The award of the Central Africa Medal was announced as being approved by the Queen in Army Order No. 66, 1st April 1895. This medal is identical to the East and West Africa Medal. It was issued on two occasions, firstly in 1895 for ten small campaigns in Central Africa between 1891 and 1894, also for the 1895 Unyoro Expedition. It was re-issued in 1899 for operation in British Central Africa between 1894 and 1898. On the last occasion of issue the medal was fitted with a plain suspender and a bar ‘CENTRAL AFRICA 1894-98’ was added.
Materials: The majority of the British medals and clasps are made of solid silver, though some were issue in bronze versions, mainly to Indian non-combatants. The majority of the British campaign awards are circular, usually 36mm in diameter.
Ribbons: Medals are worn suspended from their own specific ribbons. These were first made of silk but cotton was increasingly used as the nineteenth century developed. Their own colours often have a symbolic significance: the equal stripes of the ‘1939 to 1945 Star,’ for example, are dark blue to represent the service of the Royal and Merchant Navies, red, to represent that of the Armies and light blue to represent that of Air Forces.
Ribbon width can vary slightly though it is generally 32mm wide.
Ribbon – Three colours of equal width symbolical of the troops taking part. From left to right facing the wearer they are black for the Zanzibar Troops, white for the British and terracotta for the Indian troops.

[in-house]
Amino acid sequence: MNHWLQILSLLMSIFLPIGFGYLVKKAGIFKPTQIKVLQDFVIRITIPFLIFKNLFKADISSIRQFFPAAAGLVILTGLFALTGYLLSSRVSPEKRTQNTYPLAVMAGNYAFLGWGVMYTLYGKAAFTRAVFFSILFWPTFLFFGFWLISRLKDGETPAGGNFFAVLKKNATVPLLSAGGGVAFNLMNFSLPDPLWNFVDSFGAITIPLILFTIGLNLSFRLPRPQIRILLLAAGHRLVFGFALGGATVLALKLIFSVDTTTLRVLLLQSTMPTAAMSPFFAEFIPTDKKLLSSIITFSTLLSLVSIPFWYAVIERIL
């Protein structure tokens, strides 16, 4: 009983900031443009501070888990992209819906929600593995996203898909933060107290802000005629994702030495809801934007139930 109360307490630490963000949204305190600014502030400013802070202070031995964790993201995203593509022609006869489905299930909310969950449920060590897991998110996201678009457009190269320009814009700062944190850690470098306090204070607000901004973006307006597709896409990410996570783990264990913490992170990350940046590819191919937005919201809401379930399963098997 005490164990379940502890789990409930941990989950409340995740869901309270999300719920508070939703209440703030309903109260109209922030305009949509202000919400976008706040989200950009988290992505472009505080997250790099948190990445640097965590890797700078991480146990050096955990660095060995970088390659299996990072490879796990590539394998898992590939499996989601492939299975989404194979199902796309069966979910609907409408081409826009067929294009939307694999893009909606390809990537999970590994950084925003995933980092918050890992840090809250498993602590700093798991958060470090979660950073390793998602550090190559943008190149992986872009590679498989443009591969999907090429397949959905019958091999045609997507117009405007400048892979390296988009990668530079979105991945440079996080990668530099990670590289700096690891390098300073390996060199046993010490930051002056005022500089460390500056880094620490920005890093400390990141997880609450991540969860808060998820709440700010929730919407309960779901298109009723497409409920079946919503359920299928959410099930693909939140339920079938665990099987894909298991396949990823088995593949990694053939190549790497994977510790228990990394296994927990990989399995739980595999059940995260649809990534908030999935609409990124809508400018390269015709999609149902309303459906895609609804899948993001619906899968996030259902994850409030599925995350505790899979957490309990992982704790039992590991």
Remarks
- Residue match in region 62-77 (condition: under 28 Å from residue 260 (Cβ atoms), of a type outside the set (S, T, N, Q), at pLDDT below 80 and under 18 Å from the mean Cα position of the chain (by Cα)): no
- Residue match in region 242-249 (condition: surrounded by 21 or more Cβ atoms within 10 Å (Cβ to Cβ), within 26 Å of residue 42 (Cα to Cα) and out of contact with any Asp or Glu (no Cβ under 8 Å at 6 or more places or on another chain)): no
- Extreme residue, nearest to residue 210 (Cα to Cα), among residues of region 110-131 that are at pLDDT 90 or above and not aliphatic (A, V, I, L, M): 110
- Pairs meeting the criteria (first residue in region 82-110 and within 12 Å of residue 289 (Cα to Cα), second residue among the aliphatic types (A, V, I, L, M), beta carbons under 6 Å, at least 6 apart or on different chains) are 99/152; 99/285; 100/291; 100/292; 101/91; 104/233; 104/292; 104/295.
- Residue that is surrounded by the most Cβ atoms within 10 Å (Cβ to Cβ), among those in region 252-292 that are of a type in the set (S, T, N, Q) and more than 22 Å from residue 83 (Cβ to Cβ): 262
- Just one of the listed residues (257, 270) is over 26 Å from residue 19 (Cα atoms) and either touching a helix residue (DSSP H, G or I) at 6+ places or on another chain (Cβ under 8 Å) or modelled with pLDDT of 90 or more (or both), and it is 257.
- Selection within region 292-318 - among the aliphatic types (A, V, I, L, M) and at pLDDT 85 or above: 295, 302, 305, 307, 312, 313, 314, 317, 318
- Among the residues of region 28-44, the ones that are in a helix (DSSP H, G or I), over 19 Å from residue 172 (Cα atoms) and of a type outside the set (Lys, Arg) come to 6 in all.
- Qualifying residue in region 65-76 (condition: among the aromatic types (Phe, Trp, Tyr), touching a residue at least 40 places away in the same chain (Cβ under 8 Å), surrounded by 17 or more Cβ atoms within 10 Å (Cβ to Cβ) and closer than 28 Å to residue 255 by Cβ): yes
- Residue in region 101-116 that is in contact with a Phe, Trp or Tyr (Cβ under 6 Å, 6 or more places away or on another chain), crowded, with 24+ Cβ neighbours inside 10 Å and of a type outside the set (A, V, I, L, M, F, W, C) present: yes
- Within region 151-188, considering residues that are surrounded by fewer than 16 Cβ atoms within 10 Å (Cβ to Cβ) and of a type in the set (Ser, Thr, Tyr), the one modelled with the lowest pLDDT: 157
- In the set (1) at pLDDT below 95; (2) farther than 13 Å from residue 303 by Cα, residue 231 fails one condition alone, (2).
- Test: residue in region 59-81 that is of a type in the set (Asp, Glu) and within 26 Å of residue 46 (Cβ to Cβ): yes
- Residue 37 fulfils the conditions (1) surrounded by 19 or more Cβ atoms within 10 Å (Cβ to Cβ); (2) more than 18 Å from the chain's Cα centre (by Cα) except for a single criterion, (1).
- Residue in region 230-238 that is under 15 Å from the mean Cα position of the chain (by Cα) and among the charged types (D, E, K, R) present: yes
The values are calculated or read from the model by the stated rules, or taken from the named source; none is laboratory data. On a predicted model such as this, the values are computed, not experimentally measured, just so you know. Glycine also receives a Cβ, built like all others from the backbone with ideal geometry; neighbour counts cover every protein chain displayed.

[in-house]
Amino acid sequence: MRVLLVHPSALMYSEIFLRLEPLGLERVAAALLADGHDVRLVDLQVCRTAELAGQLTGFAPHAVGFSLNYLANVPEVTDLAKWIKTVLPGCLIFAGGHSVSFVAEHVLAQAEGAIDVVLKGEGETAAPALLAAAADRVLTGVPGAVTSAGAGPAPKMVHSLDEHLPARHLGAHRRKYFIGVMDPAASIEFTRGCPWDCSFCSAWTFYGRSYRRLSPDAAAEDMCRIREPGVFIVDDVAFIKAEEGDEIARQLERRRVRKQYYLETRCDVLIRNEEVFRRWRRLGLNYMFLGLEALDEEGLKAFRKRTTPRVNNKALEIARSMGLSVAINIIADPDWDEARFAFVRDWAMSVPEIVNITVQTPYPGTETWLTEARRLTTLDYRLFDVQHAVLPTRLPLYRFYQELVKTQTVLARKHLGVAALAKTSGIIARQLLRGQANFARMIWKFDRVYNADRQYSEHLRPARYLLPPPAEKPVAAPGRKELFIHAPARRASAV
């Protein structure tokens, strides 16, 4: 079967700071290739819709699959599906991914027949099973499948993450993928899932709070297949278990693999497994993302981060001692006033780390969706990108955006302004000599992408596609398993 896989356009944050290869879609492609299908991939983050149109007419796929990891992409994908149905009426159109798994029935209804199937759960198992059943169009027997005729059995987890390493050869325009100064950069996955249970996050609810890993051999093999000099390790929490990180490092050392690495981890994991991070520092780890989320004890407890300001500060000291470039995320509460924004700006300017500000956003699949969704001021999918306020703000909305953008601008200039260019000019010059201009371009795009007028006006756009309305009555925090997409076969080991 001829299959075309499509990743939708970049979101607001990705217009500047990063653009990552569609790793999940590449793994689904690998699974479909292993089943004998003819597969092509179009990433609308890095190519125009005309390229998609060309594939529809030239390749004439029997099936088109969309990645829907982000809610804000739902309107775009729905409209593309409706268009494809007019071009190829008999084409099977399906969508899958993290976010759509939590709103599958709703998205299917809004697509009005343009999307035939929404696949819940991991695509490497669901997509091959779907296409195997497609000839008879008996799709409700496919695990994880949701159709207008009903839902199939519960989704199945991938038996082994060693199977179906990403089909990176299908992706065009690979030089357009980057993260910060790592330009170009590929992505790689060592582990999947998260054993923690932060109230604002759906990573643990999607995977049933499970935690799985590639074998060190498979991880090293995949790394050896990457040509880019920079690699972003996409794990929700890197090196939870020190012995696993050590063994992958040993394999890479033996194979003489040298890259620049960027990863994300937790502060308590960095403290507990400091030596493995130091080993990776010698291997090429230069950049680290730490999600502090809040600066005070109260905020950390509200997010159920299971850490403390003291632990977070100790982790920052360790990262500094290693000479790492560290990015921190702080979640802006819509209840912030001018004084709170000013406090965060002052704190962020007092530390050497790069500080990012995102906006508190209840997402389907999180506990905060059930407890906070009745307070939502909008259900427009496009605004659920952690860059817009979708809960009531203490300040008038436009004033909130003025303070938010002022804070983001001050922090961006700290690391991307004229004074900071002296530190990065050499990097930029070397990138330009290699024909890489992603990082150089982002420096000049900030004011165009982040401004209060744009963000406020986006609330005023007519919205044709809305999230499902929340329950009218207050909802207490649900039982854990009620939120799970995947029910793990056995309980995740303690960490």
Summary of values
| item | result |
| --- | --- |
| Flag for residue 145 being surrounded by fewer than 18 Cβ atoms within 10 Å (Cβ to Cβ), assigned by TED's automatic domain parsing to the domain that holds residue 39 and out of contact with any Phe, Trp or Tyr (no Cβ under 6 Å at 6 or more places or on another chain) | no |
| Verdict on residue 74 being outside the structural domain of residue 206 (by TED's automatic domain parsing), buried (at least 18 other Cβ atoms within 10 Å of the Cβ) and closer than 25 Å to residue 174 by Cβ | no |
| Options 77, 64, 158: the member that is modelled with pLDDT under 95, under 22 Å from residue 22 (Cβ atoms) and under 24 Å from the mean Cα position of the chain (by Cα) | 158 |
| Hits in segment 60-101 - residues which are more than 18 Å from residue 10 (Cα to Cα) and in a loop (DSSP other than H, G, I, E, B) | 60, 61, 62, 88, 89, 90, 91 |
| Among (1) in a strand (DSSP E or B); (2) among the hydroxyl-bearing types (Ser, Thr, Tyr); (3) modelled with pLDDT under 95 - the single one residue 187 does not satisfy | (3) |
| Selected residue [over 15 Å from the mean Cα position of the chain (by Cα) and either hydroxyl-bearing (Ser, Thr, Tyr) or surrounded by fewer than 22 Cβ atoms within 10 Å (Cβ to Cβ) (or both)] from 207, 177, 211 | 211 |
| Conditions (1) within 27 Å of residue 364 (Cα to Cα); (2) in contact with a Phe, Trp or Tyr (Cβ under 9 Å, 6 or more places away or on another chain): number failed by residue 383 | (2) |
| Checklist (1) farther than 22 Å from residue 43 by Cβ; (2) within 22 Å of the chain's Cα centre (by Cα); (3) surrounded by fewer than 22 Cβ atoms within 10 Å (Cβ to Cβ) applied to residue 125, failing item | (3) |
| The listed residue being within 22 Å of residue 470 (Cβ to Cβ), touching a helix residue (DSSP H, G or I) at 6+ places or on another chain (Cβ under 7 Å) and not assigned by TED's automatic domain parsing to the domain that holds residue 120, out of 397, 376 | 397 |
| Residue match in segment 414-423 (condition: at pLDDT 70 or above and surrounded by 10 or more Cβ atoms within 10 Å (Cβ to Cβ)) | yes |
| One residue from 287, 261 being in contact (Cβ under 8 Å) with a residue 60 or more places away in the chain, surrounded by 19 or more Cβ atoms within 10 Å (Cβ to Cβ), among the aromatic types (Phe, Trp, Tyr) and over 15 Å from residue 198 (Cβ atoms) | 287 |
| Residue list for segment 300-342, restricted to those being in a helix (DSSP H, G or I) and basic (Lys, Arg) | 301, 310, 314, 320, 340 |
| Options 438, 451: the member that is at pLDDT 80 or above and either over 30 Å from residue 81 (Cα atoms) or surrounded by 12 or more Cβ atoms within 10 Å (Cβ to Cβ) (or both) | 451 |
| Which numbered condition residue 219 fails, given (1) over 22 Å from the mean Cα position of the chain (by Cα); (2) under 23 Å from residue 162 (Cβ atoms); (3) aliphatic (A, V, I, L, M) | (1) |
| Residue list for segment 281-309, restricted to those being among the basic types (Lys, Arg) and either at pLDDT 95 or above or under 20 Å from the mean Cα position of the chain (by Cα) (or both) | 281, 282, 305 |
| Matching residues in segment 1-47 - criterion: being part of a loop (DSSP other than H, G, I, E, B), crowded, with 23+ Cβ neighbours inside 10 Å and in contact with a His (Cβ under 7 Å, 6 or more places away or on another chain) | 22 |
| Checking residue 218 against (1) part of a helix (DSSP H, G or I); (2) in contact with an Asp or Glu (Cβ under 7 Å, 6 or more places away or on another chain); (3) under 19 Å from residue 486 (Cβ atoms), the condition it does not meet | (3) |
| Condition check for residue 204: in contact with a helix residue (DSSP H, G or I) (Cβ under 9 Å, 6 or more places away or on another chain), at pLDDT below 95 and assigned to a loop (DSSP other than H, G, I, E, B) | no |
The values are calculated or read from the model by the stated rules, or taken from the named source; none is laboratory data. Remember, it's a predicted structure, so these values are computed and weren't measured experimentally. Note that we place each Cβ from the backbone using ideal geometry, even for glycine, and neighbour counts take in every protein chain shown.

Type – Campaign medal.
Eligibility– British, Zanzibar and Indian Troops.
Awarded for – Campaign Service.
Campaign – Service in Eastern and Central Africa from 1891–1894 and 1894–1898.
Established – 1st April, 1895.
Designer – Obverse: L. C. Wyon (Reverse): Sir Edward J. Poynter, R.A.
Naming – In indented Roman capital. The lettering is filled in black.
Suspender - Straight
Clasps – one issued.
Description – Circular medal, the obverse of this medal is the diademed head of Queen Victoria, wearing a veil, and the inscription “VICTORIA REGINA.” The reverse is a scene of bush fighting around a tree between British and Ashanti men.
Clasps are usually referred to as ‘bars’. They are single-faced metal bars carried on a ribbon attached to the medal, indicating the recipient’s service in a particular campaign or battle. The clasps carry side flanges to enable them to be attached to the medal and riveted to each other, so that new ones can be attached as earned. Usually the first earned Clasp is closest to the medal, so that the latest earned should be at the top, although they can be found in the wrong order.
- Central Africa 1894-98.
Awarded for several small expeditions from 1894 to 1898. When the medal was issued with the clasp, it hung from a straight bar suspension.
Major L L Gordon ‘British Battles and Medals’
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